Calling all disco queens. Get out your best polyester frock and fluff up your fro — it’s party time on the Barracuda, the casino riverboat bound for destruction in “Disaster!,” a ridiculously if unevenly funny Broadway musical (by Seth Rudetsky and Jack Plotnick) sending up the 1970s cultural zeitgeist. Corralling a catalog of pop and disco hits to tell their spoofy story, the creatives find much to laugh at in the garish fashions, cheesy movies, weepy pop songs and disco-druggy dance tunes of that beloved era.
The opening number, scored to a spirited version of “Hot Stuff,” efficiently introduces the principals and guests boarding this ship of fools. Roger Bart (“The Producers”) is all greasy charm as Tony, the sleazy entrepreneur in the shiny blue tuxedo (designed with a sneer by William Ivey Long) who has evaded all security regulations to launch this doomed enterprise. He’ll pay for that in Act Two, when earthquakes, volcanic eruptions and tidal waves tip the Barracuda upside-down, a la “The Poseidon Adventure,” with referential nods to other 1970s disaster movies like “The Towering Inferno,” “Earthquake,” and “Airport.”
The other principals are all stock characters, familiar if not always beloved: Rachel York is Jackie, the beautiful lounge singer who entertains in the cabaret while waiting for Tony to marry her. Her twin sons, both played with wit by Baylee Littrell, are along for the ride. Another singer (Lacretta Nicole) is in big voice, but has little to do.
The male romantic interest is played by swoony Adam Pascal, who here returns (in gorgeous voice) to the same theater where he did serious time as the original lead of “Rent.” Although his comic sidekick and fellow waiter (Max Crumm) is devoid of charm, Pascal is nicely partnered by the soprano Kerry Butler (of fond “Xanadu” memory).
To Pascal and Butler fall the emotionally overwrought pop love songs like “Feelings.” Pascal gets a great laugh by falling to his knees and letting it rip in “Without You,” and “I’d Really Like to See You Tonight” seems like the appropriate duet for two lovers going down with the ship.
The mandatory older couple having one last fling — played for both laughs and tears, naturally — are made flesh by those total pros, cute-as-a-bug Kevin Chamberlin and that terrific trooper, Faith Prince. This well-matched pair even bring touching sincerity to their theme song “Still the One.”
The big downer in this festive company is Professor Ted Scheider (Rudetsky), a scientist who delivers the alarming information that the casino is docked over a fault line that’s due to blow. Or something. Rudetsky is appropriately annoying as this nutty professor, but he doesn’t measure up when the character tries to play hero.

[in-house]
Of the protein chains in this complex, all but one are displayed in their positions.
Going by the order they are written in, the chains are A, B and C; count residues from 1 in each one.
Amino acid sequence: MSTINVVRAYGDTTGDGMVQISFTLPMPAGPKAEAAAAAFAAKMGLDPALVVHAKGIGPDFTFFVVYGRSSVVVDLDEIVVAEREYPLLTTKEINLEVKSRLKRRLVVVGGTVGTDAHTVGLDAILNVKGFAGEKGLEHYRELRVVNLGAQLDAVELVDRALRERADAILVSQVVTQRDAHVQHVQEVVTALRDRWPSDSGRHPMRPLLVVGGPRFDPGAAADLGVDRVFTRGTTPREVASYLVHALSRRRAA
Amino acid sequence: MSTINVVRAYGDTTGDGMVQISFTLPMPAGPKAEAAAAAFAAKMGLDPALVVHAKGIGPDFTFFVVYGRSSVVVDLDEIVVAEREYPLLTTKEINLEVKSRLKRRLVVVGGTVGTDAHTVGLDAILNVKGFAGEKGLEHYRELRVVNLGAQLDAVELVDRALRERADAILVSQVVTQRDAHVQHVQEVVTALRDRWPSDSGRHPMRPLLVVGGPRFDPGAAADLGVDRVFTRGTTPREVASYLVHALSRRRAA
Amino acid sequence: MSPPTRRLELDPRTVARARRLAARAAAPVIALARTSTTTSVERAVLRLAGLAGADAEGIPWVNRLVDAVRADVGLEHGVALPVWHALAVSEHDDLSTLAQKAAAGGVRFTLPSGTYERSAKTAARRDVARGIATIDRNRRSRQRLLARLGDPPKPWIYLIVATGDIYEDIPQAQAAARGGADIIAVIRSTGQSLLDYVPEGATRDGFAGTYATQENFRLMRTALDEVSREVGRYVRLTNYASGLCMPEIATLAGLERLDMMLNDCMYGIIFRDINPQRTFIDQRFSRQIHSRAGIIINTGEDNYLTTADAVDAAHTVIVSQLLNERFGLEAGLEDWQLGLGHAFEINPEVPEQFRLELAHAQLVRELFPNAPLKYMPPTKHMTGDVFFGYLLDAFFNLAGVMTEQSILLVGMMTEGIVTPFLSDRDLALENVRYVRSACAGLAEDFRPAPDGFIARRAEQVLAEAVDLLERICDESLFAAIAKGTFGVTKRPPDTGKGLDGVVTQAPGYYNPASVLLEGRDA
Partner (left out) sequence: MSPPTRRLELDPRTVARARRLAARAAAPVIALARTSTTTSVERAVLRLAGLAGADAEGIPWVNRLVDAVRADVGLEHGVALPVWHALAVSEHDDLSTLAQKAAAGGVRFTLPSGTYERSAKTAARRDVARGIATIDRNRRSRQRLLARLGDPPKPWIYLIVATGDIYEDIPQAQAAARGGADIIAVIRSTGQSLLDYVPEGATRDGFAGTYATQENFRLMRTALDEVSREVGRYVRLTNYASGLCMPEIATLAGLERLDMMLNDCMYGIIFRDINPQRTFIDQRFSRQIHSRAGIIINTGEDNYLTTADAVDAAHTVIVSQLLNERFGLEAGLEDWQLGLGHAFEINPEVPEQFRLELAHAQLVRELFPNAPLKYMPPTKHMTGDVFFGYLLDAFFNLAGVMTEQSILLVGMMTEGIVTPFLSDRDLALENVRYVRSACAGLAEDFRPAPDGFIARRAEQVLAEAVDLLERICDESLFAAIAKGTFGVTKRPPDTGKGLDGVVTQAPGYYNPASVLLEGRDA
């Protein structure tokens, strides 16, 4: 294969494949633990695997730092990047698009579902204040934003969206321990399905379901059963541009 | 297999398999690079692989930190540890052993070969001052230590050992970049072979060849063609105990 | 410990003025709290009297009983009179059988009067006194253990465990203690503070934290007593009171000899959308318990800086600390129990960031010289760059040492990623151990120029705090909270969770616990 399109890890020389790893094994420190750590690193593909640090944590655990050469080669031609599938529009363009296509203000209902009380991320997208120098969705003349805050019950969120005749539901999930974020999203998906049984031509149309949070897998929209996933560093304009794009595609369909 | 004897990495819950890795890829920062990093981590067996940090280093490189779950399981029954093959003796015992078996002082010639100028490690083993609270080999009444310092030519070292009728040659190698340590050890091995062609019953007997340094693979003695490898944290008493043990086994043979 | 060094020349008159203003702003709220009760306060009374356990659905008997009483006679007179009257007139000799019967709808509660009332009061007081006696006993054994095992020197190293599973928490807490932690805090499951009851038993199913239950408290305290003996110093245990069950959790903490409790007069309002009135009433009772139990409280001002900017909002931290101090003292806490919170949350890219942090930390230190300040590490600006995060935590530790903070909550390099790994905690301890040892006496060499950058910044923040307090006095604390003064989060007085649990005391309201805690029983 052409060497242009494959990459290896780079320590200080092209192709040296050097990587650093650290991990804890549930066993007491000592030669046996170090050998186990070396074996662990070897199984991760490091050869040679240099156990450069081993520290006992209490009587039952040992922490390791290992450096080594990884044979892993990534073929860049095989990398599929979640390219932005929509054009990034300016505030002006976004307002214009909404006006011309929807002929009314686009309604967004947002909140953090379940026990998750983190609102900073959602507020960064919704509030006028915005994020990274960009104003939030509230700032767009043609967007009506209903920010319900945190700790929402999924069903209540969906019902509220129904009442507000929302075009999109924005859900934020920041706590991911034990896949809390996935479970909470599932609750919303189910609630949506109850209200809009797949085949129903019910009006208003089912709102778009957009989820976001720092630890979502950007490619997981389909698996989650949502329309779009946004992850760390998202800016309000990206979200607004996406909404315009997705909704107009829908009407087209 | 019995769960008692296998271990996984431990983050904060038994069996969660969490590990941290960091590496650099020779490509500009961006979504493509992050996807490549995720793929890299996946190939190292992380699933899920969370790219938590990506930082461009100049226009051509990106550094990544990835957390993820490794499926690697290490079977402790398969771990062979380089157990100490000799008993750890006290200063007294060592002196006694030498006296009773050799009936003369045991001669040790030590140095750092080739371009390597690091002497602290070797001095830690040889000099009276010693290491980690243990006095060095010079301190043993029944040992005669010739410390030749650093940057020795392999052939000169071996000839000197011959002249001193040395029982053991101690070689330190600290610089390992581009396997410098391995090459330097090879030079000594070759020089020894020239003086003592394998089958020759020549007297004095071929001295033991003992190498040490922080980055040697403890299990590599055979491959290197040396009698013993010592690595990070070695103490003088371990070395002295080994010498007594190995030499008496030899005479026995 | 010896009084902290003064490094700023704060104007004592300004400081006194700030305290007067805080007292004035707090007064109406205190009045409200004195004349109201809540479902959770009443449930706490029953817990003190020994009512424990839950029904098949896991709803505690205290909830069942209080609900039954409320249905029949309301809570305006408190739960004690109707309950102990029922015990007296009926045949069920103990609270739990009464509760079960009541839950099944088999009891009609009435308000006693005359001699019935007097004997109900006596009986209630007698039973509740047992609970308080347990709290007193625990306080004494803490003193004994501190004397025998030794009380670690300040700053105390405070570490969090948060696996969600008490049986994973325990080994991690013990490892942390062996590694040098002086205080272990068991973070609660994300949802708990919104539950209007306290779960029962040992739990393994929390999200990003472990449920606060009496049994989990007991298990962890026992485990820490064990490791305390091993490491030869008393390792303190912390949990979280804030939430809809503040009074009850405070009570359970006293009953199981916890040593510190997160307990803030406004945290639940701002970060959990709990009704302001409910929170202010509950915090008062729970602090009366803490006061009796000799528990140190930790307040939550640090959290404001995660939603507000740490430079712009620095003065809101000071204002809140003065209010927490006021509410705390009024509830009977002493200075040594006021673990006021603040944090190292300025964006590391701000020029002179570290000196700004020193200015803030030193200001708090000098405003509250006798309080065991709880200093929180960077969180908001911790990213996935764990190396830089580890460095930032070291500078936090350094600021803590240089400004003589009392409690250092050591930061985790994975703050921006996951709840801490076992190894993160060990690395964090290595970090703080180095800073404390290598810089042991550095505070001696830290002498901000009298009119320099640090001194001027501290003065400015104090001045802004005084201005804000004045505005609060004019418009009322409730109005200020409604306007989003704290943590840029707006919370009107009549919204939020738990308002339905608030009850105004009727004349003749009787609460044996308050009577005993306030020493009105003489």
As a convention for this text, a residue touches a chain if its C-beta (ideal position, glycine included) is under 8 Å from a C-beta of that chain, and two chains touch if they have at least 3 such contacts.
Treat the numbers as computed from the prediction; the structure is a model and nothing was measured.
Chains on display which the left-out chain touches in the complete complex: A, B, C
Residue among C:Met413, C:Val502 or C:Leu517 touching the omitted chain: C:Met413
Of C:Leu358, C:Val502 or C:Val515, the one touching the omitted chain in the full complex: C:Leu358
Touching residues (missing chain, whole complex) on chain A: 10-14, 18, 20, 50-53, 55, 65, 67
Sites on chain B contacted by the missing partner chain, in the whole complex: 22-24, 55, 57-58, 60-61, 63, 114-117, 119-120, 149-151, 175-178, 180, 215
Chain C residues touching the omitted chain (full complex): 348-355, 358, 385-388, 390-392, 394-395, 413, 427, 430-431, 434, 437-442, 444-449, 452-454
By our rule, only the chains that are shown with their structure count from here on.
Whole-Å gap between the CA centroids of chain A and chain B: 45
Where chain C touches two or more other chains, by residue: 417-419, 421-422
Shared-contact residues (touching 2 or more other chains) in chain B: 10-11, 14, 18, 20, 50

Although not particularly glitzy or glam, this is a good cast that knows the comic ropes — and then some, in the special case of Jennifer Simard, who shows great comic chops as a nun with a secret gambling fixation. “Holy Mary Mother of God,” she exclaims when she gets a load of the one-armed bandit on the Barracuda. “That’s not just any slot machine — that’s the new ‘Hawaii Five-O’ themed TX 420. They’re made in Monaco and they’re top of the line.” And despite her pledge (“I never had a gambling addiction!”), she falls to her knees and worships this golden idol. (Cue the “Hawaii 5-0 Theme”)
The fun is contagious as long as we’re following these eccentric musical cues for plot and character development. Helen Reddy (“I Am Woman”) and Carly Simon (“That’s the Way I’ve Always Heard It Should Be”) vocalize the dilemma of Butler’s proper 1970s girl, torn between liberation and the urge to marry. And Simard relishes the icky song (“Torn Between Two Lovers”) that captures the little nun’s spiritual struggle between the ecstasy of faith and the thrill of gambling. (“Never Can Say Goodbye” pretty much settles that conflict.)
The second act isn’t as much fun for a couple of reasons. For one thing, the goofy characters make way for the even goofier plot about the natural disasters that sink the Barracuda. That means fewer comic juxtapositions of screwball songs and silly people. Some of the characters give it a shot, like Tony singing “Don’t Cry Out Loud” while being nibbled by sharks. But “Sky High” — as in “you’ve blown it all sky high” — is about the best the creatives can come up with in this plot-heavy act.
At the helm, Plotnick manages the traffic well enough, and the actors are game, bless their hearts. But ultimately, 70s disaster movies were far more ludicrous than anything on this stage.